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Weed May Be the Cure for Burning Mouth Syndrome

No longer experience that painful oral pain.

This story originally appeared on Cannabis & Tech Today

Anyone who has ever eaten a hot piece of pizza is familiar with the feeling that comes with burning the roof of your mouth and/or tongue. It can be incredibly painful, and the pain and irritation can linger for several days. Eventually, for most of us, the pain will subside and various over-the-counter and home remedy treatments exist to help mitigate the discomfort.

David Trood | Getty Images

Unfortunately, there is a small yet significant number of people across the globe that have to deal with the pain on an ongoing basis, regardless of what they eat. It’s a condition known as ‘Burning Mouth Syndrome.’

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What Is Burning Mouth Syndrome?

Burning Mouth Syndrome is a condition that is similar to what most people experience when they burn the roofs of their mouths and/or tongues. However, it’s much more serious.

The burning sensation, in addition to other symptoms such as loss of taste, is ongoing and seems to happen for no known reason.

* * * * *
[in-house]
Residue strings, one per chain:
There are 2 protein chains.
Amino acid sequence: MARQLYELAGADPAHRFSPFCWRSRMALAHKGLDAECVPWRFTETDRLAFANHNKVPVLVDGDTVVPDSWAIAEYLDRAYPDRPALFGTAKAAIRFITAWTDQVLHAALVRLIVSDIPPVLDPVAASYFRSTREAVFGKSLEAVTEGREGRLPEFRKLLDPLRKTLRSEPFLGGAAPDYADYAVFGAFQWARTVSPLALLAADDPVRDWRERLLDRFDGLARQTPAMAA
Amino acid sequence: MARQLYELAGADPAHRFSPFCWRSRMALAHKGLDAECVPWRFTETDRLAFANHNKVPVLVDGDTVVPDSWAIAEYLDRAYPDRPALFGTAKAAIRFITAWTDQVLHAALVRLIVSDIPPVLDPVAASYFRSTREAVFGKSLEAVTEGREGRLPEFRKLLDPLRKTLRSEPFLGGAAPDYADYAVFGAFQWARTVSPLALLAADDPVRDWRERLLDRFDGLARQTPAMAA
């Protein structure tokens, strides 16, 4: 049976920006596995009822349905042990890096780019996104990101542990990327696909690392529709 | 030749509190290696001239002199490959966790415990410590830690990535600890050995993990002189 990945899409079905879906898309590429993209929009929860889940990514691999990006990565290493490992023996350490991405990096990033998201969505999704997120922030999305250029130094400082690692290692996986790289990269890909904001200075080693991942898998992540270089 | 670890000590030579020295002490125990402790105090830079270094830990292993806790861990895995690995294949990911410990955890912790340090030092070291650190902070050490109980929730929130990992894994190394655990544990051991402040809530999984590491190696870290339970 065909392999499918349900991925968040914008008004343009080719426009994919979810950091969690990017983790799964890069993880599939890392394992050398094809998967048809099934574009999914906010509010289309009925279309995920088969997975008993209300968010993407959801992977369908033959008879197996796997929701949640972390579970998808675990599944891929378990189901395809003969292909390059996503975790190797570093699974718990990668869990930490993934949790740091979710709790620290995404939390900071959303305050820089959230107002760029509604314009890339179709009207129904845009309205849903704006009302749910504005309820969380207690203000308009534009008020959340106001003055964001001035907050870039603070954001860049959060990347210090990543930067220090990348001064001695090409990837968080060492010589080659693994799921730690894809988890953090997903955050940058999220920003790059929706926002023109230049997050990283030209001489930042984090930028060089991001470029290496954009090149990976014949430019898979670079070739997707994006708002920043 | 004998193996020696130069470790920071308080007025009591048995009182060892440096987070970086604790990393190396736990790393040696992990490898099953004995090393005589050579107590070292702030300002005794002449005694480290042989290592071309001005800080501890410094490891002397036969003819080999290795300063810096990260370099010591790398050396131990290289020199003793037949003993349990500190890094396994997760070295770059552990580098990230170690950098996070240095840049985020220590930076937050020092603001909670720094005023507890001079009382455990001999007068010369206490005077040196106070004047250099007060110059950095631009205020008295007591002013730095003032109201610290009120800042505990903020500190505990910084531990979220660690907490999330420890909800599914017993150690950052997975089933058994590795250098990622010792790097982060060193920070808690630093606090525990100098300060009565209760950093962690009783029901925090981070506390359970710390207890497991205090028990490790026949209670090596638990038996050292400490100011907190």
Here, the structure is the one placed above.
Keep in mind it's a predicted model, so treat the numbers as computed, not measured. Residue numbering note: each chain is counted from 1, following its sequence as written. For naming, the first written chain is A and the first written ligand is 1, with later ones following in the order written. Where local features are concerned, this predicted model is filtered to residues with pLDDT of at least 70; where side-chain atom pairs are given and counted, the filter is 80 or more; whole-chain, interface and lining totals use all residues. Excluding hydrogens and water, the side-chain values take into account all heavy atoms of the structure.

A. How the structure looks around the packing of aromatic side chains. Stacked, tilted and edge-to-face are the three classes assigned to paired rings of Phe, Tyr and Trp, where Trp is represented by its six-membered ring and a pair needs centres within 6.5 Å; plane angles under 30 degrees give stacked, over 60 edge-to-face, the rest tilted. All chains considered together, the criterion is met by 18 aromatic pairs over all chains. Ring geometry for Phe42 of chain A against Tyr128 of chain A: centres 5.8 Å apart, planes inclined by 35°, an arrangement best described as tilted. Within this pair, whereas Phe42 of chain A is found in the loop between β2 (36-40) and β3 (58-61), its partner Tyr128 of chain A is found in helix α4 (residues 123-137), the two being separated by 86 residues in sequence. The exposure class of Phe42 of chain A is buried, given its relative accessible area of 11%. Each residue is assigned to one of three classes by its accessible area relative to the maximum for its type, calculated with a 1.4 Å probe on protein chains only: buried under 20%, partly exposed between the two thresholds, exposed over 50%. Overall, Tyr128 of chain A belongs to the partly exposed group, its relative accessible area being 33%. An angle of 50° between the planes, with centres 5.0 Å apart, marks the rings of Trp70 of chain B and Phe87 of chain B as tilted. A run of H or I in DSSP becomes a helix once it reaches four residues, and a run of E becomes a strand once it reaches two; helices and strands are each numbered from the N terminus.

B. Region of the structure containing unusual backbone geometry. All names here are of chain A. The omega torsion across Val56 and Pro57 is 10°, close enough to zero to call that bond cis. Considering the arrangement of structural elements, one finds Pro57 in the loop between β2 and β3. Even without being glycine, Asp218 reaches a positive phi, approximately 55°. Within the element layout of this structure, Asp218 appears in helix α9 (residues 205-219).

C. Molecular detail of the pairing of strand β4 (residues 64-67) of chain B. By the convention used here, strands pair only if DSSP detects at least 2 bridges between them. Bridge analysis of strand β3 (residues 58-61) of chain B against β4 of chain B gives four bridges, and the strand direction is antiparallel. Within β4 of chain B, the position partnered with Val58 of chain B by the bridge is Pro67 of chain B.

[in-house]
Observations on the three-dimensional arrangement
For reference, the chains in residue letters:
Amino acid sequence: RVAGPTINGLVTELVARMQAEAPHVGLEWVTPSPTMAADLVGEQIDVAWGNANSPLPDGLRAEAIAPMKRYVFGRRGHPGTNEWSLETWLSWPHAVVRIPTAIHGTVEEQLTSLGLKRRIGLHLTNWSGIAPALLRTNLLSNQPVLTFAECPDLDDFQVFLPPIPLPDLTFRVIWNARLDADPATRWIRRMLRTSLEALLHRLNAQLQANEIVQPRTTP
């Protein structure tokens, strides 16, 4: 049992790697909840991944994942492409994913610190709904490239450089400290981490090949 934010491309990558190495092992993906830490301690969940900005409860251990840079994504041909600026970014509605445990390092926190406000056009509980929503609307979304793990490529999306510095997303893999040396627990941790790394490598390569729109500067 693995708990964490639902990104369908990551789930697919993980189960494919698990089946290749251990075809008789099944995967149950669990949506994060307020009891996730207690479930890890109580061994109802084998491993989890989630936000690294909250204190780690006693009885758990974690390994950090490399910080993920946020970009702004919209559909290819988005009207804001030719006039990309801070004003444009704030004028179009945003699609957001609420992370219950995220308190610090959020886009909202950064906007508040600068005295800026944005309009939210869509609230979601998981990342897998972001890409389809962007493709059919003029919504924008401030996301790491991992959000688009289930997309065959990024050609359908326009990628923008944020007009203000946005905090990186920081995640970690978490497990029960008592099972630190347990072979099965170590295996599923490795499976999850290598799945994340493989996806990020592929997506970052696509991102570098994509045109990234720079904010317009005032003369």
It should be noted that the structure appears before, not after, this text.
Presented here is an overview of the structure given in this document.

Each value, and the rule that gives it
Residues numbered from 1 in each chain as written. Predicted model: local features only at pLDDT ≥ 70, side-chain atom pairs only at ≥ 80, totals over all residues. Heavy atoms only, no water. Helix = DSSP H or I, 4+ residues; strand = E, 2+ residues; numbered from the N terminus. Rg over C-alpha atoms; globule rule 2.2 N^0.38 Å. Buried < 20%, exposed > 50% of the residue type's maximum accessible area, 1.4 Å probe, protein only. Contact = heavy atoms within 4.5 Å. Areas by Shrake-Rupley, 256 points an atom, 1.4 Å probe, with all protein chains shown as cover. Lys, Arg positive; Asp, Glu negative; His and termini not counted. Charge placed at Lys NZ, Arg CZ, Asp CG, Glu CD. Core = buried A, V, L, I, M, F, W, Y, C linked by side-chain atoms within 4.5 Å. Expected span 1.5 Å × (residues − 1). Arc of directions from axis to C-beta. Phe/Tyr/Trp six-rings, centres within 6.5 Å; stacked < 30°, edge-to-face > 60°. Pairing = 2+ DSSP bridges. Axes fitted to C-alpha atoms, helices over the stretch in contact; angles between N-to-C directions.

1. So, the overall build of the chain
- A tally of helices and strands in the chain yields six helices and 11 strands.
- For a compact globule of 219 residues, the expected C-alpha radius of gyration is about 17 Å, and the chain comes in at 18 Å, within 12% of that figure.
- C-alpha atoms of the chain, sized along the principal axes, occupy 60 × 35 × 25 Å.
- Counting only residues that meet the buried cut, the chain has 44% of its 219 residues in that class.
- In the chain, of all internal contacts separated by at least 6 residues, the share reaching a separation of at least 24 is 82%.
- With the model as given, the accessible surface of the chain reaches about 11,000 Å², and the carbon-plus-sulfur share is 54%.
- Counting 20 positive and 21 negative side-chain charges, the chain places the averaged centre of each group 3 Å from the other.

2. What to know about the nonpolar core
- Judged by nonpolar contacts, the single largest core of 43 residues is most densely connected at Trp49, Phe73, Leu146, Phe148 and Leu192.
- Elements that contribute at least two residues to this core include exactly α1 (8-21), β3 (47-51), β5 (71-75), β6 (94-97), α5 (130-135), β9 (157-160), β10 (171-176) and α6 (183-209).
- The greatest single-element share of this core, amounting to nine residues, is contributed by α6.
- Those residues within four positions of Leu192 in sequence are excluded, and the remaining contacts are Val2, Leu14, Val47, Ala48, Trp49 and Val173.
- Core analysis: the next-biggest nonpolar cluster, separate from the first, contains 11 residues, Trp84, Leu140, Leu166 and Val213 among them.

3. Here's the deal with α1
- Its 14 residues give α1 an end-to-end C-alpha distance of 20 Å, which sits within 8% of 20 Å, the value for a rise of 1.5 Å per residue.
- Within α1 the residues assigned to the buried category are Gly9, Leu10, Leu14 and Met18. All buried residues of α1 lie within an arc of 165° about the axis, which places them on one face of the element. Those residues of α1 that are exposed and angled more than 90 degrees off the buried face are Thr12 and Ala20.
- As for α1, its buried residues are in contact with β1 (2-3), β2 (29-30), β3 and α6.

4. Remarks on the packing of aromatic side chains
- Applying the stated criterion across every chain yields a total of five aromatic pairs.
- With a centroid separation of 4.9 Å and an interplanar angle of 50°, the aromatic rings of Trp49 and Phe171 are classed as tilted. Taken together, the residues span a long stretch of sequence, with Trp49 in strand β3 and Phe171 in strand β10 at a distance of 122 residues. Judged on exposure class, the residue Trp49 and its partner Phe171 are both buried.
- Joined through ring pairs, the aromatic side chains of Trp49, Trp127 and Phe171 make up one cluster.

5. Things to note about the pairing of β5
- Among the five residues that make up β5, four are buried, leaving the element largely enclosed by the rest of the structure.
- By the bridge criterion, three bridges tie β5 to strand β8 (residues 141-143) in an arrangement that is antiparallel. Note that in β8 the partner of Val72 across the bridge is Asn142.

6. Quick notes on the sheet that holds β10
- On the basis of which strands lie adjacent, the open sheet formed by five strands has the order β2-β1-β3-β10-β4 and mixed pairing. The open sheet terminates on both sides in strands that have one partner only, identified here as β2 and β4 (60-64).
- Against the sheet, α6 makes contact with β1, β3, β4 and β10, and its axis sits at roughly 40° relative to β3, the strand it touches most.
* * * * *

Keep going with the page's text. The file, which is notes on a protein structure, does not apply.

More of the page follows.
People who suffer from the condition report the burning sensation or other symptoms appear suddenly and in some cases can be very severe, as if the person drank boiling water.

Burning Mouth Syndrome is rare, and doesn’t typically appear to affect people under 30 years old.

Common treatments and mitigation strategies for the condition include drinking more fluids, avoiding tobacco use, avoiding alcohol consumption, and refraining from eating spicy foods.

According to a recent study, the cannabis plant may be able to successfully treat the condition, which is good news for patients suffering from Burning Mouth Syndrome.

RELATED: Study Finds Cannabis Safe For Pain Management And An Effective Opioid Substitute

Cannabis As A Treatment For Burning Mouth Syndrome

A team of researchers in Italy recently explored the relationship between cannabis and Burning Mouth Syndrome (BMS) to see if the cannabis plant could serve as an effective treatment.

Specifically, the researchers administered cannabis extracts to study participants (1 gram of extracts for every 10 grams of olive oil) over a period of four weeks.

“Subjects showed a statistically significant improvement over time in terms of a clinical remission of the oral symptoms… No serious reactions were detailed. None of the patients had to stop the treatment due to adverse events,” the study’s authors reported.

“In this pilot evaluation, the [Cannabis] sativa oil provided was effective and well tolerated in patients with primary BMS. Further bigger and properly defined randomized controlled trials, with different therapeutic approaches or placebo control, are needed, however,” the study’s authors concluded.